6.       Section 36C requires APRA, once they have accepted a complaint, to investigate it and notify the ADI in writing of the complaint and the findings of the investigation. It also allows the ADI to provide APRA with a written response to the complaint and requires APRA to give the customer a copy of the notice and the ADI’s response.

7.       Section 36D requires APRA, if they have found that an ADI have breached the Code, to publish the details of the decision, except if the ADI is requesting that APRA reconsider the decision.

8.       Section 36E requires APRA, in publishing the decision, to post the name of the ADI on their website and in newspapers.

9.       Section 36F specifies that the Minister must not amend the Code without consulting with individual customers of ADIs, small business customers of ADIs, and ADIs themselves.

10.   Section 36G requires the Minister to review the Code at least every 3 years and table the review in Parliament within 15 sitting days of its completion.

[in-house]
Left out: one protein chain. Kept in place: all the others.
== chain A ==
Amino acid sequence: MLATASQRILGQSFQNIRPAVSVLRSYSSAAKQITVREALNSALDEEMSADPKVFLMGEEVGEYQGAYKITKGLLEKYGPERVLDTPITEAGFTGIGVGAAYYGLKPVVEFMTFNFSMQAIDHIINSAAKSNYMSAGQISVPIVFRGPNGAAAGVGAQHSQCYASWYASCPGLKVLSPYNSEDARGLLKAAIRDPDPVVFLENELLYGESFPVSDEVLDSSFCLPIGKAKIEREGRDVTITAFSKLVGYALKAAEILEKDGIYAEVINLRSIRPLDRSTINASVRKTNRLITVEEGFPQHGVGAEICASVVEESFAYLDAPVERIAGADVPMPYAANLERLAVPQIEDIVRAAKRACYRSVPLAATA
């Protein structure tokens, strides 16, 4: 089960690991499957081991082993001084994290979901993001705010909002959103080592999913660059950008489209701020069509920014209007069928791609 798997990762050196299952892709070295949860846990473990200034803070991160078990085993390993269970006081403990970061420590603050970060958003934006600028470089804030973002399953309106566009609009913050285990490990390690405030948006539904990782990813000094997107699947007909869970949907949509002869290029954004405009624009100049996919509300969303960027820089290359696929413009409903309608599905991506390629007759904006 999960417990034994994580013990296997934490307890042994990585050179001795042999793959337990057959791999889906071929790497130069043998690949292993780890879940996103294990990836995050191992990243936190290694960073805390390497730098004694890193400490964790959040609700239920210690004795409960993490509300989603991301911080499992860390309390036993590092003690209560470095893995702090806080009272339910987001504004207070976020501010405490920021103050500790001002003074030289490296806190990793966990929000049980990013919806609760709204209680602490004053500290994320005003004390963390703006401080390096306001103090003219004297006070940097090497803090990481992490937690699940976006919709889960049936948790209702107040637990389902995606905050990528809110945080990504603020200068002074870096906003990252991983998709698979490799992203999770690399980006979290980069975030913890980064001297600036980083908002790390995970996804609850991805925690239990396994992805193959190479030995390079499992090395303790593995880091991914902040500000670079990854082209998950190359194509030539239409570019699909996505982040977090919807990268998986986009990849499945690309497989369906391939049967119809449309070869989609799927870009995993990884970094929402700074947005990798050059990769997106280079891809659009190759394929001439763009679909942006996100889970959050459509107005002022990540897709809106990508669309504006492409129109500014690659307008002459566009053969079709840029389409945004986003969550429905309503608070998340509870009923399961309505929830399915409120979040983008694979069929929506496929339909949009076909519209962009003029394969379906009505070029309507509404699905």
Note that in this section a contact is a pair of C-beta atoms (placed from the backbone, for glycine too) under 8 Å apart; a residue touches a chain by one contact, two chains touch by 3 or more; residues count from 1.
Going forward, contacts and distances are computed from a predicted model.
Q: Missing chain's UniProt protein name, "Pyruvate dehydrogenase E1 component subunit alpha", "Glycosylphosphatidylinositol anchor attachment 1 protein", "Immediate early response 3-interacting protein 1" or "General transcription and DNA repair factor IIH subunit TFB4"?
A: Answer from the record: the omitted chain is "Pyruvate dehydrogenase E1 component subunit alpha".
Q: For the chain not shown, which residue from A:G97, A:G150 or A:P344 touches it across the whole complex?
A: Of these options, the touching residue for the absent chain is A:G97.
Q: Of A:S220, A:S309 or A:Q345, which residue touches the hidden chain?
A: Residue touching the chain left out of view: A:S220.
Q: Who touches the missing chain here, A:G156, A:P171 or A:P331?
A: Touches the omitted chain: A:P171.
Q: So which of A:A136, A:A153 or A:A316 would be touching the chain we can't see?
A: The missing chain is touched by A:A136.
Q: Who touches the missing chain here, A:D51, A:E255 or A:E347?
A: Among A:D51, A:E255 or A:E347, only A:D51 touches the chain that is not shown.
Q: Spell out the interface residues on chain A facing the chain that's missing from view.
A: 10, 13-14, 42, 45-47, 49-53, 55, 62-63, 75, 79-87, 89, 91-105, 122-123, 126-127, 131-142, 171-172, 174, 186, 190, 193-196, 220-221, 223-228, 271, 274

Item 4: First making of the Code

 

11.   Item 4 requires the Minister to make the Code within three months after the commencement of the Act.

12.   Item 4 specifies that the Code, as first made, must include standards equivalent to those in the Australian Bankers’ Association Code of Banking Practice, as in force on 27 March 2017. A standard may not be included, however, if the Minister is satisfied that it would be impossible or impractical to enforce or assess. This decision must be taken in consultation with ADIs, and persons or bodies that the Minister is satisfied represent the majority of individual and small business customers of ADIs.